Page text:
Tell Congress to give good journalism ‘safe harbor’
Published 4:37 pm Monday, October 7, 2019
Good, solid reporting has always been a loss leader. It’s a product that doesn’t make money, but enables other related ventures to be profitable because it creates an audience.
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Covering a city government meeting or telling the story of a local charity doesn’t make a newspaper any money; in fact, it costs money. But the attention those stories attract enables a related venture — advertising — to make a profit. That profit can then be used to fund more good, solid reporting.
Advertising doesn’t necessarily have to be the related venture that funds good journalism. But it has historically been the main way that good journalism is funded.
Advertising today remains as profitable if not more so than it ever was. That ought to mean more good journalism, not less. But the rise of two global advertising giants — Google and Facebook — has upended the flow of advertising dollars in a way never before seen in the history of journalism.
Google alone made an estimated $4.7 billion in revenue from advertising on news content its users consumed in 2018. But Google didn’t actually report any of that news. It just sold advertising on other people’s news.
In past decades, a significant chunk of that $4.7 billion would have been funneled back into the newsrooms that generated the content, allowing reporters, editors and copy-editors and designers to continue digging and reporting. That’s not the case in today’s world.
By sucking so much advertising money out of the nation’s newsrooms, Google and Facebook have not just limited how much good reporting every American has access to, they have decimated without warning the old structures and supports that helped ensure Americans could trust the news they read.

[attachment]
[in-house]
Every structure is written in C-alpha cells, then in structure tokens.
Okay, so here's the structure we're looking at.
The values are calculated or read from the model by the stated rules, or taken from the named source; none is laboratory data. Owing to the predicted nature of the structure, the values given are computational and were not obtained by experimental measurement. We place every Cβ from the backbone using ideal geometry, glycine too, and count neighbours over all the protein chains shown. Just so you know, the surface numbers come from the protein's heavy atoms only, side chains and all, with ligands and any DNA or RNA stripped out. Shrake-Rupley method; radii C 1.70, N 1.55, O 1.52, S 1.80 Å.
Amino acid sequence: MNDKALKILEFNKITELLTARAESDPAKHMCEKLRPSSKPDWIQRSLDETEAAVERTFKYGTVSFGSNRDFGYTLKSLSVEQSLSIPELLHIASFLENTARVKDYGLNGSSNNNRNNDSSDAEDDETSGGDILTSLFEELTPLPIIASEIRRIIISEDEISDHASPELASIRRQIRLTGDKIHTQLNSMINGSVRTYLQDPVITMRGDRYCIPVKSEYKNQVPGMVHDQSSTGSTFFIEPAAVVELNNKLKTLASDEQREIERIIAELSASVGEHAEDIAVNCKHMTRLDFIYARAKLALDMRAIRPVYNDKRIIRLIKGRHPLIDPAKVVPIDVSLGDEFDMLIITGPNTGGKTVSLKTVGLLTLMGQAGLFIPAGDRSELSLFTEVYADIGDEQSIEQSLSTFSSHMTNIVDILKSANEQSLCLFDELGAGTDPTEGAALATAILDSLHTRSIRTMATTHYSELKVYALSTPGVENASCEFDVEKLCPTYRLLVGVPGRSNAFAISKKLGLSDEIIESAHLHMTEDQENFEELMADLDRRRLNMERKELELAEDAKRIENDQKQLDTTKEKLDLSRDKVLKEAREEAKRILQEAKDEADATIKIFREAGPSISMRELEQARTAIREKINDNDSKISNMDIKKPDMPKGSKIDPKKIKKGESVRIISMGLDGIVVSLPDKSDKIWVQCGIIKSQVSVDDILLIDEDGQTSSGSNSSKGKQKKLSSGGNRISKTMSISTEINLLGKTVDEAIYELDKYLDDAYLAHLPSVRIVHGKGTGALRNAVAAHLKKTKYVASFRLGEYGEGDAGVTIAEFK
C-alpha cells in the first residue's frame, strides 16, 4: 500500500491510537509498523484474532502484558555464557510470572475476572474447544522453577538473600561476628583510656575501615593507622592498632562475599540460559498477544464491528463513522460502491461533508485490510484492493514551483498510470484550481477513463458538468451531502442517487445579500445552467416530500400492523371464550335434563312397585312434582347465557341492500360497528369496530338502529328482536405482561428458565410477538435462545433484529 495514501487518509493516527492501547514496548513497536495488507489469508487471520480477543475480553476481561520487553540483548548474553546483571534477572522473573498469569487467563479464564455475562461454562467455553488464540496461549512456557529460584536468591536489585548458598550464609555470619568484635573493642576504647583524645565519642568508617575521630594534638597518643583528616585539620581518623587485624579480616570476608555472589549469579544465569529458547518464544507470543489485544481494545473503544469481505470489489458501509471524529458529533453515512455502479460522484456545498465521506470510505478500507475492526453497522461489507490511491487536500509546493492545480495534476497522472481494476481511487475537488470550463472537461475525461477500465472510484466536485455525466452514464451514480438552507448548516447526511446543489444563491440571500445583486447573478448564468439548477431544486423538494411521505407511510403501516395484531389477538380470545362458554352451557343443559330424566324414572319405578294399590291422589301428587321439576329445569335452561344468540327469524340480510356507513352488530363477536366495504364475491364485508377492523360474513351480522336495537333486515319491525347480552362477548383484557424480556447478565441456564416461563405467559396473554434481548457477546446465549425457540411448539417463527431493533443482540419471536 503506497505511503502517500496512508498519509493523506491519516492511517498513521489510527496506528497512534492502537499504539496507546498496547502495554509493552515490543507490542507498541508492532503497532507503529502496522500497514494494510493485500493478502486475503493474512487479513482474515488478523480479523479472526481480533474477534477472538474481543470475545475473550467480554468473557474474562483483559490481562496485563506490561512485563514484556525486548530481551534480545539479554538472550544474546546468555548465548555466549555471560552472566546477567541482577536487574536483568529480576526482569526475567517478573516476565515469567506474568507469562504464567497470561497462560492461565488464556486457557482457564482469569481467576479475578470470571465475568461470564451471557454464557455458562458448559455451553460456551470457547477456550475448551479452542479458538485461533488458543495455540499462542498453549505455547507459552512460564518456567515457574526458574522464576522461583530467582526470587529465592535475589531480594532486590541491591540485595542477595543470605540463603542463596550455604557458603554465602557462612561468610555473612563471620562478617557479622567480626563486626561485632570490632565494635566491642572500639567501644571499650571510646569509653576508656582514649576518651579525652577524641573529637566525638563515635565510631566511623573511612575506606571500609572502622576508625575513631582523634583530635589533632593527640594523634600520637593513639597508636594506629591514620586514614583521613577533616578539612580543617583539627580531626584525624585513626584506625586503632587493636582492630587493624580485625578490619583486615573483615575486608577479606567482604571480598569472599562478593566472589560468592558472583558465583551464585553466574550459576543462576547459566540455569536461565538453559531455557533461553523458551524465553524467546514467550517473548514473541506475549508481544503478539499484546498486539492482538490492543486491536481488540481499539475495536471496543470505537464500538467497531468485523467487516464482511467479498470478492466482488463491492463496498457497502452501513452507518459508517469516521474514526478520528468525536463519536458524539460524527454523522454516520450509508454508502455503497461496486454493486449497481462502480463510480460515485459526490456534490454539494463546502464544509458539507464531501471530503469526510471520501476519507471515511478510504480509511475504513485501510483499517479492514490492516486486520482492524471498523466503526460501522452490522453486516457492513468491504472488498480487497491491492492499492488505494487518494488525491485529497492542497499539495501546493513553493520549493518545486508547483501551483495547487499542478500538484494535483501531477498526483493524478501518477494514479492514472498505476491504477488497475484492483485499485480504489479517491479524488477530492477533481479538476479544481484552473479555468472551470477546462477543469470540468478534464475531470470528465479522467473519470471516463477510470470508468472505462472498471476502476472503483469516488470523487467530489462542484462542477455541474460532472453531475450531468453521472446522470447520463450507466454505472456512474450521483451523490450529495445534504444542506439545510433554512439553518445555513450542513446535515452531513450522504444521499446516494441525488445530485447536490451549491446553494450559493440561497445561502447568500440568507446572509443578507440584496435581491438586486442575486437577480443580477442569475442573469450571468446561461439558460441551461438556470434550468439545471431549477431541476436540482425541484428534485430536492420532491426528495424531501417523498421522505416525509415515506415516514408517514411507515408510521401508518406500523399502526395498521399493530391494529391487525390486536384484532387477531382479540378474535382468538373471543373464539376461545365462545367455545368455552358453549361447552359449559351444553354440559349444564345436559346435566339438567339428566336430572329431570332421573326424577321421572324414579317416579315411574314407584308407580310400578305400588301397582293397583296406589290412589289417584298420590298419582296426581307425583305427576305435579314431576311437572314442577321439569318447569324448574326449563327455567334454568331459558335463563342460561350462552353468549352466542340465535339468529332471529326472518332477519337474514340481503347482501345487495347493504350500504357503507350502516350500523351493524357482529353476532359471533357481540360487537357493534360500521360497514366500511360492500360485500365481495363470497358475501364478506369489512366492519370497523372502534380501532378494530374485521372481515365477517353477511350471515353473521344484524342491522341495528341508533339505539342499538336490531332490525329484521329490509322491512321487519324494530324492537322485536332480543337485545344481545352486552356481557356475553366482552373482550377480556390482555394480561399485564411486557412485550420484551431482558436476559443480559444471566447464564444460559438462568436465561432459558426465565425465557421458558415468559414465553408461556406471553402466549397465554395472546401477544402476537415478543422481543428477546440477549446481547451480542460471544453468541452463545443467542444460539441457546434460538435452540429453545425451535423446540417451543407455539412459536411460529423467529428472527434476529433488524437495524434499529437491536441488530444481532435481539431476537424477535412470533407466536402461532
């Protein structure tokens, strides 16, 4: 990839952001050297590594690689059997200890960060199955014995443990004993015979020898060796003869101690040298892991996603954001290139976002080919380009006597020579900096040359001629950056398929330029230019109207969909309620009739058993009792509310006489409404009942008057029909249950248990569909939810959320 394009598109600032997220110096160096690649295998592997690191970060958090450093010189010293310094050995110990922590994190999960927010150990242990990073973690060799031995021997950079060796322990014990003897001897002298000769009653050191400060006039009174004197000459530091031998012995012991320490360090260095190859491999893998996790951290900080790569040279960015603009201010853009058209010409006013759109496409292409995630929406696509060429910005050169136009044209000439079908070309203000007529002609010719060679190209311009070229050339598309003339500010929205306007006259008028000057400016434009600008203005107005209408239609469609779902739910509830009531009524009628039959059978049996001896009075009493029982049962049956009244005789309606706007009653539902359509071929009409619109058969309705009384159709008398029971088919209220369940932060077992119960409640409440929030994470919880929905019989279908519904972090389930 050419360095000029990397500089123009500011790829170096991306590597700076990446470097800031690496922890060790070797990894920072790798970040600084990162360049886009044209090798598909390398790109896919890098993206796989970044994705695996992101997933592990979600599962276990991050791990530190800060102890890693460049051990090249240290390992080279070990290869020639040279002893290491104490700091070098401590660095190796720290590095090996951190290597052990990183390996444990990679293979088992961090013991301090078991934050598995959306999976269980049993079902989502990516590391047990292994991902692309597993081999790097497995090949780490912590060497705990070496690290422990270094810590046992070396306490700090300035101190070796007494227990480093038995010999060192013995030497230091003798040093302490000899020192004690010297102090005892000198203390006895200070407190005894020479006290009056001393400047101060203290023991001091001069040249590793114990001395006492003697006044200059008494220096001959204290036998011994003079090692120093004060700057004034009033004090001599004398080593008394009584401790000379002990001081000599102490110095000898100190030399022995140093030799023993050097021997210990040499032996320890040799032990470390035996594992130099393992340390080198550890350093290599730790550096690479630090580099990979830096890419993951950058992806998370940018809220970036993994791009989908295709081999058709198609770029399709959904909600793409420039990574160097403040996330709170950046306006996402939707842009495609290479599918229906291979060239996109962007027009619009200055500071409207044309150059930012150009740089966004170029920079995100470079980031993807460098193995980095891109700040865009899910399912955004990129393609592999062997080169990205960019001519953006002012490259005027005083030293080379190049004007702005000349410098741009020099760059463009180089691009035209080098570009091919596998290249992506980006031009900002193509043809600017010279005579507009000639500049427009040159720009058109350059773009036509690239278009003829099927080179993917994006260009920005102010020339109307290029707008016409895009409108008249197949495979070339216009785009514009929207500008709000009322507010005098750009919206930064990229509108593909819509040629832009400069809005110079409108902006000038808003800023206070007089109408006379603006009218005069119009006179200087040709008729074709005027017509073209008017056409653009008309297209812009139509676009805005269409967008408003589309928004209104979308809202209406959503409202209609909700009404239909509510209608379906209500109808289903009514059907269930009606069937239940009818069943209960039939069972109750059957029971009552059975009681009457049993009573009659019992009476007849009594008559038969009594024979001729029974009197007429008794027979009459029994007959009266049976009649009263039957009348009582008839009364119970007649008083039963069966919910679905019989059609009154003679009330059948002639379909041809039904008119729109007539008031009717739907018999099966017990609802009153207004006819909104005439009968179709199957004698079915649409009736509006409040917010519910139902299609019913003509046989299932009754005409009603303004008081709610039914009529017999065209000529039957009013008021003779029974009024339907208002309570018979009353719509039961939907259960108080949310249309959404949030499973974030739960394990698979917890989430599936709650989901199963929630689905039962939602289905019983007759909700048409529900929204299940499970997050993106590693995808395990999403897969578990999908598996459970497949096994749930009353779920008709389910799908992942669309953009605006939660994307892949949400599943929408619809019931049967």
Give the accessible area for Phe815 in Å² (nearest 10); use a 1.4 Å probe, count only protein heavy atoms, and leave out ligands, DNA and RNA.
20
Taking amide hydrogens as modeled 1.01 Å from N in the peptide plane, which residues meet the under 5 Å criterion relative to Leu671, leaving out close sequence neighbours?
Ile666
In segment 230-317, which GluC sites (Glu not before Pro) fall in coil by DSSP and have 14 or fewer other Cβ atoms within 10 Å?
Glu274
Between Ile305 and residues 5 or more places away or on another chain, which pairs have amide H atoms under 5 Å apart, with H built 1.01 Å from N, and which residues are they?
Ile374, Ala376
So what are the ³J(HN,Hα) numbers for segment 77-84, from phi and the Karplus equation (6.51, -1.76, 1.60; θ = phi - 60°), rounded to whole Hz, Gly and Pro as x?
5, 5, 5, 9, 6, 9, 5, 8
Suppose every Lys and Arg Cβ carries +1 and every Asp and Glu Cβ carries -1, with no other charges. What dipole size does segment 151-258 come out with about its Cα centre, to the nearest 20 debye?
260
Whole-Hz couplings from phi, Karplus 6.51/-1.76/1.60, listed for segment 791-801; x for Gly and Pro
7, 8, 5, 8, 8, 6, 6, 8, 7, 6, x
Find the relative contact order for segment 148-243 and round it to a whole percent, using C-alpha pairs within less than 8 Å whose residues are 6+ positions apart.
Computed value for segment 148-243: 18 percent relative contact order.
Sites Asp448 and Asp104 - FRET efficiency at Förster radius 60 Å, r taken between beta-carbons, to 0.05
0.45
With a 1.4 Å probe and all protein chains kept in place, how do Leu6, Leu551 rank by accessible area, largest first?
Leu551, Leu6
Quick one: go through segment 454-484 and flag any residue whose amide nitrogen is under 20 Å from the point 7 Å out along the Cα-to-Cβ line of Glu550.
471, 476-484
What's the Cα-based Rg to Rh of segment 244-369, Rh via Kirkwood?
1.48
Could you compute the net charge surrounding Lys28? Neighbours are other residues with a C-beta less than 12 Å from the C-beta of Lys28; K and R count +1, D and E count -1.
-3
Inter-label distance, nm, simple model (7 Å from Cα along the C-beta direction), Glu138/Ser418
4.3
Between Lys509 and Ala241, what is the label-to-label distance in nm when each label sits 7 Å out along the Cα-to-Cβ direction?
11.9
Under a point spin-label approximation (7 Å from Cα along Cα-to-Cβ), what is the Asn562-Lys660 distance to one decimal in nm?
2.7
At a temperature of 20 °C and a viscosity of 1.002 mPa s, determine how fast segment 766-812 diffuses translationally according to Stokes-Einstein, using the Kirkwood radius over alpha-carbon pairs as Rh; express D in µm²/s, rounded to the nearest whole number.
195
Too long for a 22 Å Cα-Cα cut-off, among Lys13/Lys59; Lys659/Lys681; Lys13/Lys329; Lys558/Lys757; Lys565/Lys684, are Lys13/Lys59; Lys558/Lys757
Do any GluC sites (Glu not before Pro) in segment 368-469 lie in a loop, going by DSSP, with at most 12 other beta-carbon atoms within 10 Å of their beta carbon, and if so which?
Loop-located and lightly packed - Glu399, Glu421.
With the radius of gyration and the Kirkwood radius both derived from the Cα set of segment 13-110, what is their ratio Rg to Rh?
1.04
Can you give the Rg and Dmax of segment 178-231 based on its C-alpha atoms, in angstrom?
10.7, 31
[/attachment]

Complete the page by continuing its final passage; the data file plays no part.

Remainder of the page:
With less financial stability, newspapers are more likely to be bought by hedge funds interested only in profits — or worse, by politically interested groups or individuals who see a chance to skew public opinion through the power of the press.
With fewer reporters, newspapers must necessarily report less. That leaves space in the content market for propaganda and agenda-driven content.
With fewer resources available, many newspaper companies are choosing to make their products smaller, leading to a vicious cycle where cuts cause drops in remaining advertisers and readers, which in turn cause more cuts.
All of this is why newspaper editors and publishers across America are calling on Congress to pass “safe harbor” legislation, which would give newspapers a four-year window in which they could collectively negotiate with Facebook and Google to reclaim at least some of the profits the tech companies are currently poaching.
There are bi-partisan bills in the House and Senate right now that would accomplish exactly that. The Journalism Competition and Preservation Act of 2019 has been introduced by Democratic Sen. Amy Klobuchar and Republican Sen. John Kennedy. The House version has been introduced by Republican Rep. Doug Collins and Democratic Rep. David Cicilline.
“We want it to be bipartisan,” News Media Alliance VP Danielle Coffey said in a recent report from the UK School of Journalism and Media.
Coffey noted the two representatives who introduced the legislation in the House may “spar on impeachment, but not on this.”
If you want more high-quality reporting; if you want trustworthy news sources to reclaim media space from propagandists; if you want local communities to have more say about their newspapers than out-of-state corporations, then you should support the push for a safe-harbor law for journalism.
Tell your senators and representative you want newspapers to have safe harbor to negotiate with Facebook and Google.
Sen. Rand Paul: paul.senate.gov; 270-782-8303
Sen. Mitch McConnell: mcconnell.senate.gov; (859) 224-8286
Rep. Brett Guthrie: guthrie.house.gov; (270) 842-9896